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1.a disposition to remain inactive or inert"he had to overcome his inertia and get back to work"
2.(physics) the tendency of a body to maintain its state of rest or uniform motion unless acted upon by an external force
InertiaIn*er"ti*a (?), n. [L., idleness, fr. iners idle. See Inert.]
1. (Physics) That property of matter by which it tends when at rest to remain so, and when in motion to continue in motion, and in the same straight line or direction, unless acted on by some external force; -- sometimes called vis inertiæ. The inertia of a body is proportional to its mass.
2. Inertness; indisposition to motion, exertion, or action; lack of energy; sluggishness.
Men . . . have immense irresolution and inertia. Carlyle.
3. (Med.) Lack of activity; sluggishness; -- said especially of the uterus, when, in labor, its contractions have nearly or wholly ceased.
Center of inertia. (Mech.) See under Center.
A Soap Bubble and Inertia • Angular inertia • Area moment of inertia • Black Heart Inertia • Clinical inertia • Cognitive inertia • Cultural inertia • Emotional inertia • Fatal Inertia • Fatal inertia • First moment of inertia • Inertia (DC Comics) • Inertia (Derek Sherinian album) • Inertia (Marvel Comics) • Inertia (The Exies album) • Inertia (album) • Inertia (comics) • Inertia (disambiguation) • Inertia (independent record company) • Inertia action • Inertia coupling • Inertia damper • Inertia negation • Inertia switch • Inertia tensor • Inertia welding • Inertia wheel • Inertia wheel pendulum • Jemba Inertia Notes System • List of area moments of inertia • List of moment of inertia tensors • List of moments of inertia • Minutiæ Inertia • Moment of Inertia Tensor • Moment of Inertia--Cone • Moment of Inertia--Hoop • Moment of Inertia--Ring • Moment of Inertia--Rod • Moment of Inertia--Sphere • Moment of Inertia--Torus • Moment of inertia • Moment of inertia tensor • Moment of inertia--hoop • Moment of inertia--ring • Moment of inertia--rod • Moment of inertia--sphere • Moment of inertia--torus • Moments of inertia • Rotary inertia • Rotational Inertia • Second moment of inertia • Sleep inertia • Social inertia • Sylvester law of inertia • Sylvester's inertia law • Sylvester's law of inertia • Therapeutic inertia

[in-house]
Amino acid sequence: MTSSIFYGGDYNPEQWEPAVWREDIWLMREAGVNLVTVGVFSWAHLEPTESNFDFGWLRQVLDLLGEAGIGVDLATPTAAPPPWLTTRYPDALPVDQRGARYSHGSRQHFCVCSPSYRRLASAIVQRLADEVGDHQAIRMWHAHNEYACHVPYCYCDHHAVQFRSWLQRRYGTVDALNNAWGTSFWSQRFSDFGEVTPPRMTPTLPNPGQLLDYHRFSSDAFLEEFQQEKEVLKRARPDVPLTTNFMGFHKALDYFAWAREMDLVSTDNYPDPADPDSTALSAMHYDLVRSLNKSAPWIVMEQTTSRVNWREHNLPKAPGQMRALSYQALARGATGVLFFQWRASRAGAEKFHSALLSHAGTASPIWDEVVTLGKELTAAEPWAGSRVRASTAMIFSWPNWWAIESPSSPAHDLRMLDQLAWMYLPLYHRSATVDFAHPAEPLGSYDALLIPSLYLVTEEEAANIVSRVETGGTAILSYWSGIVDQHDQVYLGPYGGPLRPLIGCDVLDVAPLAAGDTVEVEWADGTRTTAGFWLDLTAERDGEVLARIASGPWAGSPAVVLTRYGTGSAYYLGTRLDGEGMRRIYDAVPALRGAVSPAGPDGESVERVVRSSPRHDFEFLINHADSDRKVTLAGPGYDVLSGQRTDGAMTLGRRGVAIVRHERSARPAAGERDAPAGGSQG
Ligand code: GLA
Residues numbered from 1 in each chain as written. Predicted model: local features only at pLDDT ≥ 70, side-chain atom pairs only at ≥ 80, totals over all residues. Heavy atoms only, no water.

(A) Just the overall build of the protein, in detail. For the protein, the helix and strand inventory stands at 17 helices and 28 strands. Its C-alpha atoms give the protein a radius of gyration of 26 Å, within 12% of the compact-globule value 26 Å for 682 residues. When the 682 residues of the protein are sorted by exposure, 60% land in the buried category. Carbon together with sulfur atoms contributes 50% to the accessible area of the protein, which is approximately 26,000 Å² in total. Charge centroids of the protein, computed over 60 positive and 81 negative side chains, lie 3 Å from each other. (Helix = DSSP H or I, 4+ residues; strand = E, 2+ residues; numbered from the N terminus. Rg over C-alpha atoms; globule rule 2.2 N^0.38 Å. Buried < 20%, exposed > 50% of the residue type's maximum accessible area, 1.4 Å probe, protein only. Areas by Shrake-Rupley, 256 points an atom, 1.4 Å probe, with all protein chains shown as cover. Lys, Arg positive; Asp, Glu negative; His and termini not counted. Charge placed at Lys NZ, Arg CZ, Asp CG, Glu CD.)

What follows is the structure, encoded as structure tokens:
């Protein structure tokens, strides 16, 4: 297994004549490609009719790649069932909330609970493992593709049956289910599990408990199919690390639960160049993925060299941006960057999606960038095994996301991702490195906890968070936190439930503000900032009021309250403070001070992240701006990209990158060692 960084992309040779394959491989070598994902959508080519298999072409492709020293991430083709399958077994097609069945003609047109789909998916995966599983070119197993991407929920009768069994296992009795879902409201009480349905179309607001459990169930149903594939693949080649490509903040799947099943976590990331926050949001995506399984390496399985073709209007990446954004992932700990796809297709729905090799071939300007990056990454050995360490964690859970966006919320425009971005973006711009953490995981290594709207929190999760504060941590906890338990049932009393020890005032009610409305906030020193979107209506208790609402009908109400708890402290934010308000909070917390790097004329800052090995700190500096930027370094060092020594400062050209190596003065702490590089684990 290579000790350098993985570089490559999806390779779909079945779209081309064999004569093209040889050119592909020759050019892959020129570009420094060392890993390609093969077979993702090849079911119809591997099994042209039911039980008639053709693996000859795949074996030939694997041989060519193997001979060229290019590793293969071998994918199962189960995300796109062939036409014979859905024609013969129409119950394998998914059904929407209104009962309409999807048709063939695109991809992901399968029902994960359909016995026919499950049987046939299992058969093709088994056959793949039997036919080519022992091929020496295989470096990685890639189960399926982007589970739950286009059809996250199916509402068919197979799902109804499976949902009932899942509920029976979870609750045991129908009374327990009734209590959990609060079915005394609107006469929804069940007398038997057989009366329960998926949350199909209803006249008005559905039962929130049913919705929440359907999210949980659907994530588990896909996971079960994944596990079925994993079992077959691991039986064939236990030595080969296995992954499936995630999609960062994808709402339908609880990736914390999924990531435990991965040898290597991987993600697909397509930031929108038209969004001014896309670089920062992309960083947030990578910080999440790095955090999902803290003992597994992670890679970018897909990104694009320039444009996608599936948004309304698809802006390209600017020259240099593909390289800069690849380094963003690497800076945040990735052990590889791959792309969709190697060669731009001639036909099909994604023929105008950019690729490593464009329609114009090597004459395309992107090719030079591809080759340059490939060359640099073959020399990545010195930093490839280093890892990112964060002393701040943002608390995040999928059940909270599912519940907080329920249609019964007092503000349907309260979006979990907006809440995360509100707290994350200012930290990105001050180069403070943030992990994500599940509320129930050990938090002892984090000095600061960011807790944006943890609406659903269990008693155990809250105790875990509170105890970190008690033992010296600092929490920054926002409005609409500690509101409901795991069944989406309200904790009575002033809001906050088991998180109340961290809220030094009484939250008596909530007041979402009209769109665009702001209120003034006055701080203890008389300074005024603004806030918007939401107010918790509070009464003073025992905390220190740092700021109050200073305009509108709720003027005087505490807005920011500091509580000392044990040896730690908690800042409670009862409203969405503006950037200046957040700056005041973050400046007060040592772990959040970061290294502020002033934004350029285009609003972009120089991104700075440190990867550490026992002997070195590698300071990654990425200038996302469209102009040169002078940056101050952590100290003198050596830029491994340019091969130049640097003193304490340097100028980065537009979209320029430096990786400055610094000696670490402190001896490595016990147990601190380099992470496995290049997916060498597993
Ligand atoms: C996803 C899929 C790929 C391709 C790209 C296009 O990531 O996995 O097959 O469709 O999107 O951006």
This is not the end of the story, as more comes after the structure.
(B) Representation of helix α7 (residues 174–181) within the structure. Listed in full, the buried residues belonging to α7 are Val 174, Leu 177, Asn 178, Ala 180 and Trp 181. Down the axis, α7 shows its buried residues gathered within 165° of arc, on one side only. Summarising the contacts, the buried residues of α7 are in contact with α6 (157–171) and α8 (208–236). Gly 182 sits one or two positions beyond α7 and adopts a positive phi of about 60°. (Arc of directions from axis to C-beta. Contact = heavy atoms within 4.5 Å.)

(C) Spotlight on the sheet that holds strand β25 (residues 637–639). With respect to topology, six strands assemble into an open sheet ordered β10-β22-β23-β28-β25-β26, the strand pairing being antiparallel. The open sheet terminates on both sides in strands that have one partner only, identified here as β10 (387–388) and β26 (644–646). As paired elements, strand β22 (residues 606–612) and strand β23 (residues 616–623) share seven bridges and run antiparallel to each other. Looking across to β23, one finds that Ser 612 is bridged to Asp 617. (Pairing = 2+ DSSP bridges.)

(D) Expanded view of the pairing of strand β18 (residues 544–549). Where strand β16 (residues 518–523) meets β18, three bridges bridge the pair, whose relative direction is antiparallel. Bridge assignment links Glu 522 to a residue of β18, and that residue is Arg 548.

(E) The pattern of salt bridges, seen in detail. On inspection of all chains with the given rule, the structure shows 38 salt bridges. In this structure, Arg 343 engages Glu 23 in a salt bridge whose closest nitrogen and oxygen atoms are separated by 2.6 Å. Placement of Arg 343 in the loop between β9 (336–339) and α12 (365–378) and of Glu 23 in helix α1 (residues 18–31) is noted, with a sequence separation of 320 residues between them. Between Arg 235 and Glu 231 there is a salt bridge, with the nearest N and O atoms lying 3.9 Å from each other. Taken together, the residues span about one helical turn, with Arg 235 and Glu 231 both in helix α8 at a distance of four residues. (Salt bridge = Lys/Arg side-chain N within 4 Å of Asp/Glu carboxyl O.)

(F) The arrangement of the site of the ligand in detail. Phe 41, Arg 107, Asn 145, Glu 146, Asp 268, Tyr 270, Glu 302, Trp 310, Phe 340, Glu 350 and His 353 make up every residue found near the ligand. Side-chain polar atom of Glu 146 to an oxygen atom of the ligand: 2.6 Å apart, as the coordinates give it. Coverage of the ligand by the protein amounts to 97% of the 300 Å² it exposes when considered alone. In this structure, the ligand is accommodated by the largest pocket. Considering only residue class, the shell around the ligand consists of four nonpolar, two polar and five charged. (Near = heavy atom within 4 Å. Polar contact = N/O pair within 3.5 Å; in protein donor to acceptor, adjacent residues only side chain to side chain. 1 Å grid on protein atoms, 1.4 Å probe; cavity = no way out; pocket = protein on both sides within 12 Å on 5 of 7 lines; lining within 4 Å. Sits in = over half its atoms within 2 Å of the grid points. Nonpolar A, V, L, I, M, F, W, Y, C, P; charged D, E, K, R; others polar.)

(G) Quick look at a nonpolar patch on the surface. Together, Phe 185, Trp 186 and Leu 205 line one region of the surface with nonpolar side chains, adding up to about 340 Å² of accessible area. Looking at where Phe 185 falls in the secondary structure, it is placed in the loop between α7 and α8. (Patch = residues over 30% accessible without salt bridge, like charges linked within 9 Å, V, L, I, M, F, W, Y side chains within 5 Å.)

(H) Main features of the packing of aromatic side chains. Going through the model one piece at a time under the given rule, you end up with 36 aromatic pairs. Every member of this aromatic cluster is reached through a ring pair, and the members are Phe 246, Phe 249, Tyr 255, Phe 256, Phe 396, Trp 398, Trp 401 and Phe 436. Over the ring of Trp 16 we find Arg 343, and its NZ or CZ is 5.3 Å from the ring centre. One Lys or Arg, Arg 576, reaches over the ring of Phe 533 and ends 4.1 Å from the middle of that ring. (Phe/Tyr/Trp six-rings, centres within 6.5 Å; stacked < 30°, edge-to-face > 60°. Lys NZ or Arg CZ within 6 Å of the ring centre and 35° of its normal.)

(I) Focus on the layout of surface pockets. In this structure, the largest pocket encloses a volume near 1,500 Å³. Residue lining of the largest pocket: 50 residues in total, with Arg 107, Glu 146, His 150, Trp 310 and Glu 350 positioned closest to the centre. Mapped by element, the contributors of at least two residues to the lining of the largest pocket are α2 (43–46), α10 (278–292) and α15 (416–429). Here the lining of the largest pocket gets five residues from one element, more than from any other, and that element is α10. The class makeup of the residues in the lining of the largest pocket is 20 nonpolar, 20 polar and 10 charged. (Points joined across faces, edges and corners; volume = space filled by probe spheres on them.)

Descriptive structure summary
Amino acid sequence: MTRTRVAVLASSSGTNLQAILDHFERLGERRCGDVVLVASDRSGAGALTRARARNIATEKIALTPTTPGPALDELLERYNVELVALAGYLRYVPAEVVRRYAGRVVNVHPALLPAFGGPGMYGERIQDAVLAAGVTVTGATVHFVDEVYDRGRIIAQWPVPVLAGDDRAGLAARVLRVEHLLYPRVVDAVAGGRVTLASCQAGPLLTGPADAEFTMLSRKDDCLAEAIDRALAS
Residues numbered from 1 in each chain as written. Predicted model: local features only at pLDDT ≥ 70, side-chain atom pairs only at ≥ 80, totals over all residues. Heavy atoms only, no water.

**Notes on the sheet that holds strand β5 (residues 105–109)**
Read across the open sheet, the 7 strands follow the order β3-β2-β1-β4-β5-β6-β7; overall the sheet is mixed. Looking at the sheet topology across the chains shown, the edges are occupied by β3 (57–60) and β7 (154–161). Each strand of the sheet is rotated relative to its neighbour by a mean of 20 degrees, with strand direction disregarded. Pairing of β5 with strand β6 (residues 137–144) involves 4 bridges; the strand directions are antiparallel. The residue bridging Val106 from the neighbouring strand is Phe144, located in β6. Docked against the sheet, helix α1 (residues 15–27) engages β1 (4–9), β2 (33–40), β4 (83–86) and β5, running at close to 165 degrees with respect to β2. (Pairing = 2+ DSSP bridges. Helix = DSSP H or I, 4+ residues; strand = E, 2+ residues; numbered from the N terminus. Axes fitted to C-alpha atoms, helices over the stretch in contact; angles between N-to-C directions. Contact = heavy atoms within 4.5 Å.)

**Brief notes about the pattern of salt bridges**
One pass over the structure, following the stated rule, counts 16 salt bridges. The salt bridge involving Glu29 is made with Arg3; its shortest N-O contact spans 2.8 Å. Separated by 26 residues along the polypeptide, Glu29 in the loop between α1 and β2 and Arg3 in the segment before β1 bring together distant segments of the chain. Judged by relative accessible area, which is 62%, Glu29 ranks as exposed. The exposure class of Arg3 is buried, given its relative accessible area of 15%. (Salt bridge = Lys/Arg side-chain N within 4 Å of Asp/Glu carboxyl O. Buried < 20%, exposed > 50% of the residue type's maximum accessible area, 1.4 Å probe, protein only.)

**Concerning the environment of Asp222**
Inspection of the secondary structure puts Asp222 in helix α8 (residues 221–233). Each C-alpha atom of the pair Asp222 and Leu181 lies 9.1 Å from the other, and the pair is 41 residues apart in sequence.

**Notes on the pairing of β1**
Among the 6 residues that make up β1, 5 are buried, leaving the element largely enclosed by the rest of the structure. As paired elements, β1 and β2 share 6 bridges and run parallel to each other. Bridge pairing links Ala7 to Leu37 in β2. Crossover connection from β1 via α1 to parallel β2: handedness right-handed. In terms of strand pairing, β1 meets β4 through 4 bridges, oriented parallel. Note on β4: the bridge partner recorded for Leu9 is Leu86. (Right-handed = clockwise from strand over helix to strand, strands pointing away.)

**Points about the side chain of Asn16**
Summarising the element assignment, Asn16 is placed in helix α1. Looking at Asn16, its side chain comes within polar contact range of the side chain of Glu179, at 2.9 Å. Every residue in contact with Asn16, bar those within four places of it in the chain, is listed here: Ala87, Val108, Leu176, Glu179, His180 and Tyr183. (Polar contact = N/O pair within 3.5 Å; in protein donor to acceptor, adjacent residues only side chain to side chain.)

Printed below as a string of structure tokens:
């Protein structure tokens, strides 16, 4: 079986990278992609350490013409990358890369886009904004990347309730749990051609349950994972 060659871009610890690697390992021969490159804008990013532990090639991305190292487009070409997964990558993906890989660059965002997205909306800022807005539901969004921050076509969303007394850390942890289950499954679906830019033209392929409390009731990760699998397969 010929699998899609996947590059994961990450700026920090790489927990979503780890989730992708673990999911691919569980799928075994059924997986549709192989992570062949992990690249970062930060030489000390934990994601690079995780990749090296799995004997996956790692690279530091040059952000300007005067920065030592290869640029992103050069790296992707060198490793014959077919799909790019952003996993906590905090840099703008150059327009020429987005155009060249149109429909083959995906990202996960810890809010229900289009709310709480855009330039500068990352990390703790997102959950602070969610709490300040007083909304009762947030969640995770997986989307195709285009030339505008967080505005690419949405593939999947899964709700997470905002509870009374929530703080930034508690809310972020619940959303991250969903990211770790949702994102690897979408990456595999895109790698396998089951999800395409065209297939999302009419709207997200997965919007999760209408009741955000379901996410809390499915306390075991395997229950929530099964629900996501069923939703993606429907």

élément d'une description (fr)[Classe]
qui n'agit pas (fr)[Classe]
mathématiques appliquées (fr)[Classe]
physics; natural philosophy[ClasseHyper.]
|History of classical mechanics · Timeline of classical mechanics|
Inertia is the resistance of any physical object to a change in its state of motion or rest, or the tendency of an object to resist any change in its motion. The principle of inertia is one of the fundamental principles of classical physics which are used to describe the motion of matter and how it is affected by applied forces. Inertia comes from the Latin word, iners, meaning idle, or lazy. Isaac Newton defined inertia as his first law in his Philosophiæ Naturalis Principia Mathematica, which states: